Hockard mentions in his blog that there are roles that exist in startups for university faculty. The faculty inventor is the technology expert, and their knowledge will help in the commercialization of their technology. Sometimes there are better ways to support the startup while remaining in your university position.

“A scientific role in the company allows them to help guide the company technology direction while allowing someone else to focus on company formation, strategic planning, business development, and importantly, raising capital. What is most important is aligning the myriad needs of the startup with the knowledge, skills, and singular focus best suited to fulfill those needs,” Hockard said.

What's the big idea?

If you don’t have the passion, the time, or the expertise to run a startup or you just simply want to keep your university, maybe someone else should lead your startup.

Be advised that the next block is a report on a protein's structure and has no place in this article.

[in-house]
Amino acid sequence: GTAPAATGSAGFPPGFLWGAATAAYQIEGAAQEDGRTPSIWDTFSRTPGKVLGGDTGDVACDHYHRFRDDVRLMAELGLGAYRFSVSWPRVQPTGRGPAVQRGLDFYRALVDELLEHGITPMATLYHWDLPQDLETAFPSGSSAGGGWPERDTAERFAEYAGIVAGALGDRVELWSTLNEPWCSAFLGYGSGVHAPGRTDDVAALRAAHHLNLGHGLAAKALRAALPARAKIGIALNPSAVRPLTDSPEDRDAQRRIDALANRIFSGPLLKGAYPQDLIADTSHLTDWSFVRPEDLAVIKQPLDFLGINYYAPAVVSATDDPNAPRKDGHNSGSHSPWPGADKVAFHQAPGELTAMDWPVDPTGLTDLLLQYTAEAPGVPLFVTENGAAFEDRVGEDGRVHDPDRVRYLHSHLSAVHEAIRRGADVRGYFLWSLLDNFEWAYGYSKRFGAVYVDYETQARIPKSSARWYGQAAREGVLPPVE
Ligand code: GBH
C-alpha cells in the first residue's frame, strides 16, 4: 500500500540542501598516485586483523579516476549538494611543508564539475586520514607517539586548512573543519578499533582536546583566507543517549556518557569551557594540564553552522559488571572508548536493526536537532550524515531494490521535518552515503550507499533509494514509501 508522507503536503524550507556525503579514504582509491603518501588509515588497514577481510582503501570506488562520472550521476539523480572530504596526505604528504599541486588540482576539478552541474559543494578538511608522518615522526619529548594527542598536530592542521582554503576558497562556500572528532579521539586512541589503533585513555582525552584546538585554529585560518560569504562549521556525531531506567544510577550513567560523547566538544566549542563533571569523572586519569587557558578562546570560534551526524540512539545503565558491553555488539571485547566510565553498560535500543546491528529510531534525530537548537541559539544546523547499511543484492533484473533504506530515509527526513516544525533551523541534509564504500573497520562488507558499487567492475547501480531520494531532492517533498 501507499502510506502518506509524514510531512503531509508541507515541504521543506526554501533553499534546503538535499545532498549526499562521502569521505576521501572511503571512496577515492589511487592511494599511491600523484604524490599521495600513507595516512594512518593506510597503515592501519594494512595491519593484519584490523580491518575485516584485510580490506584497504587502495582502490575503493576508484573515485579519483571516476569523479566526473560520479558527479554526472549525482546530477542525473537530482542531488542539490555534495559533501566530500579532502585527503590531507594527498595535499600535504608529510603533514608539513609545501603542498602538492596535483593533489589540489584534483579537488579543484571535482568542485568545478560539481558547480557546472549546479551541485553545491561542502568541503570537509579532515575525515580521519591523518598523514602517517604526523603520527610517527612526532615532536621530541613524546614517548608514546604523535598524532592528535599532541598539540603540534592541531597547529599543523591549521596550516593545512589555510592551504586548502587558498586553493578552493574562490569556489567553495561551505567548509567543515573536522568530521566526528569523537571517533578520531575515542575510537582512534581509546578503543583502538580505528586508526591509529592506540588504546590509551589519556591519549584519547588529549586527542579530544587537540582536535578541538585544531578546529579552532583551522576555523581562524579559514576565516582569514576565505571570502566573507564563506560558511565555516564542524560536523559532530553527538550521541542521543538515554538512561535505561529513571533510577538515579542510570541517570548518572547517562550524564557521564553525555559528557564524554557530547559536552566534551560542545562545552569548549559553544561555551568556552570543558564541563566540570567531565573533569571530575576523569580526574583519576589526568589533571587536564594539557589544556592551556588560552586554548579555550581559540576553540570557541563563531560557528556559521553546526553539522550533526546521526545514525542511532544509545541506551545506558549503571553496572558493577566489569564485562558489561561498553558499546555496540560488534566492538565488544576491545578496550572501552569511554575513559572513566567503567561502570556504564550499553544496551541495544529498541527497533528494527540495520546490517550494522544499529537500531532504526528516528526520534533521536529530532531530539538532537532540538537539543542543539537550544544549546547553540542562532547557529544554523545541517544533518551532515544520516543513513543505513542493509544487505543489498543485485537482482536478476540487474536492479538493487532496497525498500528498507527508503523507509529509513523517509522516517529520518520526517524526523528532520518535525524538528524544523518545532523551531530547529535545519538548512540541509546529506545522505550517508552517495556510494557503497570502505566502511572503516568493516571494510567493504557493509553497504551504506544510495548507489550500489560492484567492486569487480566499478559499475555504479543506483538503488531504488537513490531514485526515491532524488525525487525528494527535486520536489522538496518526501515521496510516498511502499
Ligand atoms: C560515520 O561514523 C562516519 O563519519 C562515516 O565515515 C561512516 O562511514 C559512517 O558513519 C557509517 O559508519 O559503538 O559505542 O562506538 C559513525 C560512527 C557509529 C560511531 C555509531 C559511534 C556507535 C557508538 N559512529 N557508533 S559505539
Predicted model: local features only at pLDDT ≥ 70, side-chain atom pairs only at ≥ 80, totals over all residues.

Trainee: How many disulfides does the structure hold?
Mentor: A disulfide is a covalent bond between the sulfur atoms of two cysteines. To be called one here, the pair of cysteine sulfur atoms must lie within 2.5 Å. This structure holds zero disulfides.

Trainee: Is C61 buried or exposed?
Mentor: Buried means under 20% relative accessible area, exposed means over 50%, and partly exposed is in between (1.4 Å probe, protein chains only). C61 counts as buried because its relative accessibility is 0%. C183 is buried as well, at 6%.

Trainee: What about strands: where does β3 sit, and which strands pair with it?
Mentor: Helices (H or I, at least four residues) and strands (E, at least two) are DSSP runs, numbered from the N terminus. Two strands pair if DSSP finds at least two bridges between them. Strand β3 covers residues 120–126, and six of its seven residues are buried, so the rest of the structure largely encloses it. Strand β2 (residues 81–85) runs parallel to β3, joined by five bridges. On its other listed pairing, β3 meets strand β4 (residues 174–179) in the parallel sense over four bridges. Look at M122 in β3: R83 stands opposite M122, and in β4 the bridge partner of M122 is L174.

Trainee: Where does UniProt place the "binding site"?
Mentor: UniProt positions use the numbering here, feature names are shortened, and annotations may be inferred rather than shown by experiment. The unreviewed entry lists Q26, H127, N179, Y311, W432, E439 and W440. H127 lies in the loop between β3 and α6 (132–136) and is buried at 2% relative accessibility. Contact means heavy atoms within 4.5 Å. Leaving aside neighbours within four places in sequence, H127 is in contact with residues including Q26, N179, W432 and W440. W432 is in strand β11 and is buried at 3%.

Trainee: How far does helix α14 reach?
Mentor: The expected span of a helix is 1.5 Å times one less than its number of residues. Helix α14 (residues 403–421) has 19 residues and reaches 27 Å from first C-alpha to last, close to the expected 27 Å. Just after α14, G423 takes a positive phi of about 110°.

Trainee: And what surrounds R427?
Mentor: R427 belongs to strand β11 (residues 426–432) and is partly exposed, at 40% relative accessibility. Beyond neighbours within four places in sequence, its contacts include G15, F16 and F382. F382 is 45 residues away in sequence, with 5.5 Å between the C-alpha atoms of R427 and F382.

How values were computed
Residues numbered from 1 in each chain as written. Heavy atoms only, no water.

“Without a doubt, identifying leadership can be daunting. While the desire might be to zero in on a ‘superstar,’ a startup needs someone that can commit the time and the effort and knows ‘what to do next.’ How can startups find that person?” Hockard said.

Your university’s technology transfer office can provide support and can be a good place for you to start. “TTOs provide myriad resources to help inventors move innovations ahead, including technology and market analysis, intellectual property protection, marketing, and more. Many full-service TTOs also have dedicated personnel to help launch startups based on university technologies.” Of course, it’s up to you who should join the company— especially to lead it— but having the support of “experienced potential partners” will help you make the right decision.

Startups need a lot of resources to become successful. Bringing in someone to help, if you don’t have the passion, time or expertise, could be very beneficial. If you do have all three of those things and you want to leave your university role, then go be the lead in your startup.